When a spouse dies

When a spouse dies

Individual Savings Accounts (ISAs)

Money experts have estimated that because the small print about ISAs isn’t widely known, almost nine in ten savers could be missing out when a spouse or civil partner dies.

On the death of an ISA-holding spouse or civil partner, it’s possible to claim an extra ISA allowance. This means that the survivor is eligible for a one-off additional ISA allowance, equivalent to the value of the deceased saver’s ISA: an ‘additional permitted subscription’ (APS) allowance. This is on top of the survivor’s own ISA entitlement, which is £20,000 for the tax years 2017/18 and 2018/19.

The survivor is entitled to the APS allowance even if they do not actually inherit the ISA, and can use the allowance with the deceased’s ISA provider or a provider of their choice. There are time limits for using the APS.

HMRC estimates that the survivors of at least 150,000 ISA holders each year could be eligible to take advantage of the APS. To qualify, the survivor must have been living with their spouse or civil partner at the date of death - in other words, not separated under a court order, under a deed of separation, or in circumstances where the marriage or civil partnership has broken down. Application for APS should be made to the manager of the deceased’s ISA.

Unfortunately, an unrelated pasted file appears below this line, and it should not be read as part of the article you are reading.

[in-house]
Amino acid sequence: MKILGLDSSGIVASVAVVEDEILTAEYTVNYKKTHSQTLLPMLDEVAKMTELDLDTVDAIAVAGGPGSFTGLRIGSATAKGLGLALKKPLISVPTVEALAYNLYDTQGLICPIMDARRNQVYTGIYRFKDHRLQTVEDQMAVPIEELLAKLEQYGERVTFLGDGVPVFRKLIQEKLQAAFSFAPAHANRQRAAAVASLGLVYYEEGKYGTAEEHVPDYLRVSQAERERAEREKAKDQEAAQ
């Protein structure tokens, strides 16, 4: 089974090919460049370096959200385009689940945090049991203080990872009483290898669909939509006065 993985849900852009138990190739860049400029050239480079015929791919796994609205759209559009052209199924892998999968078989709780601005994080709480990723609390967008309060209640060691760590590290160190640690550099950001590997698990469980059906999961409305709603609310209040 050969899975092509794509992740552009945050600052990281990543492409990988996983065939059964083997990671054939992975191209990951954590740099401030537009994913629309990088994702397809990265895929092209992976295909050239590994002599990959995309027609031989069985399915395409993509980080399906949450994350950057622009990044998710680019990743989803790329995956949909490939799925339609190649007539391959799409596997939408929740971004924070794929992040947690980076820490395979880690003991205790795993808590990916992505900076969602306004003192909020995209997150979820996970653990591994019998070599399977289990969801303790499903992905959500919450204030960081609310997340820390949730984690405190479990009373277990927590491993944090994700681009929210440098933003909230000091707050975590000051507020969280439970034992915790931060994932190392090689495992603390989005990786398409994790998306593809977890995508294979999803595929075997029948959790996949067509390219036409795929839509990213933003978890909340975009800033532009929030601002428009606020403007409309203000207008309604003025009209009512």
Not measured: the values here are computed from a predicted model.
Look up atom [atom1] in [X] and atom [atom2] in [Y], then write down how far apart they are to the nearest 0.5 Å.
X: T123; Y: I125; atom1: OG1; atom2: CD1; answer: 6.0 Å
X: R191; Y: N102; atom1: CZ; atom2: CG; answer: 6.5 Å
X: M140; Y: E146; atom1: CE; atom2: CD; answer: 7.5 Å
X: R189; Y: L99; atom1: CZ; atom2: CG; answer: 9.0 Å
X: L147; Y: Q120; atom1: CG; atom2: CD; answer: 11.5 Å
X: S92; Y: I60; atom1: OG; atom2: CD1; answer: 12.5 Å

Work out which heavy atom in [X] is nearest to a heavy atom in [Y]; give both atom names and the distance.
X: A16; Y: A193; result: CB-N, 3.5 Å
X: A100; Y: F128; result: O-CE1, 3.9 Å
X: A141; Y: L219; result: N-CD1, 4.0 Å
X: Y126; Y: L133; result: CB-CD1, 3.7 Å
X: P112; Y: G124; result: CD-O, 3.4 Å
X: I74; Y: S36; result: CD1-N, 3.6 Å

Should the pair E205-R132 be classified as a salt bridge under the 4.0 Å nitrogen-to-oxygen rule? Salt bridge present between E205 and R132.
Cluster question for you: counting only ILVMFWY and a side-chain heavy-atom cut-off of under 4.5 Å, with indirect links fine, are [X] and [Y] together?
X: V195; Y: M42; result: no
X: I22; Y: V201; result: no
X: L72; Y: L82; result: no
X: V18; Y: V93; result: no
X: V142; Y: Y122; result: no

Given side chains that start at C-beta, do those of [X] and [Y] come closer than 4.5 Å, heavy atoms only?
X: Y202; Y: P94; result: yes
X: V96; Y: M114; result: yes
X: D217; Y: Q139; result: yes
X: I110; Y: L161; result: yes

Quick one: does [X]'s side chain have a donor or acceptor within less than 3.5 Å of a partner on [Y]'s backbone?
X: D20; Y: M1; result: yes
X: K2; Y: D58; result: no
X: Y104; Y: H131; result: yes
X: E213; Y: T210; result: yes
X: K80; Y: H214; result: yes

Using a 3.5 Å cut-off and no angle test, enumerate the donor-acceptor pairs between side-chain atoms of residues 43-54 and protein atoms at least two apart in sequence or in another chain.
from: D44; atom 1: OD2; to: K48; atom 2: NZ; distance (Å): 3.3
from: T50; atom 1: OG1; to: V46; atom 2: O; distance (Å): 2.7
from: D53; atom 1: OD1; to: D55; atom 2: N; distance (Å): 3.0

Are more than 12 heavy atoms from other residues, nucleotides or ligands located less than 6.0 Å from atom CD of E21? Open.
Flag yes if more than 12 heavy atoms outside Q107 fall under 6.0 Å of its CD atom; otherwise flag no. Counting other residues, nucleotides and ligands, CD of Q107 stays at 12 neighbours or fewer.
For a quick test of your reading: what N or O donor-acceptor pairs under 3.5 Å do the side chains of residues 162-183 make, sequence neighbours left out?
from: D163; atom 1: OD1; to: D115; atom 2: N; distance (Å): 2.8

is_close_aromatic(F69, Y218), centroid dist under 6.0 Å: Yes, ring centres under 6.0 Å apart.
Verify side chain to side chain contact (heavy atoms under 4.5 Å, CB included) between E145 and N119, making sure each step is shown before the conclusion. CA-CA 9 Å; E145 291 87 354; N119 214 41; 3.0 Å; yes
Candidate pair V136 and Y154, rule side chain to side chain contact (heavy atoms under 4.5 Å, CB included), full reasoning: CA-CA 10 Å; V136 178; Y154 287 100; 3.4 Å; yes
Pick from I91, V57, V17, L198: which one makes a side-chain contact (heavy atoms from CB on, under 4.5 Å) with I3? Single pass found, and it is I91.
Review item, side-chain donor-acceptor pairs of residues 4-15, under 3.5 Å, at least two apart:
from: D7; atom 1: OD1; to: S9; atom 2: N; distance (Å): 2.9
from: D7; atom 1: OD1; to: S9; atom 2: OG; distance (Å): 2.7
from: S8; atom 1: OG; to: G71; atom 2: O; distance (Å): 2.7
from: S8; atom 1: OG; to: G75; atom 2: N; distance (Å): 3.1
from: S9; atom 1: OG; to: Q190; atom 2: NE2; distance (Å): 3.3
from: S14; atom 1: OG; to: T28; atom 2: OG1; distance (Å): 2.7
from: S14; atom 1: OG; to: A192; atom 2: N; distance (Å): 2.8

Marriage Allowance

The Marriage Allowance allows an individual to transfer 10% of their personal allowance to a spouse or civil partner where the recipient is neither a higher rate nor additional rate taxpayer.

The main scenario in which a transfer is allowed and worthwhile is where one of the individuals has little income and therefore has not used their personal allowance and the other individual does not pay tax at the higher or additional rate. But a transfer was not previously allowed where one of the parties had died.

The Autumn Budget 2017 announced that from 29 November 2017, claims in respect of Marriage Allowance may be made in respect of a deceased spouse or civil partner, and that such claims may be backdated for up to four years.

Transfers could bring tax savings of up to £230 per year.

We appreciate that you might prefer to delegate dealing with your tax matters at this time, and should be pleased to be of service.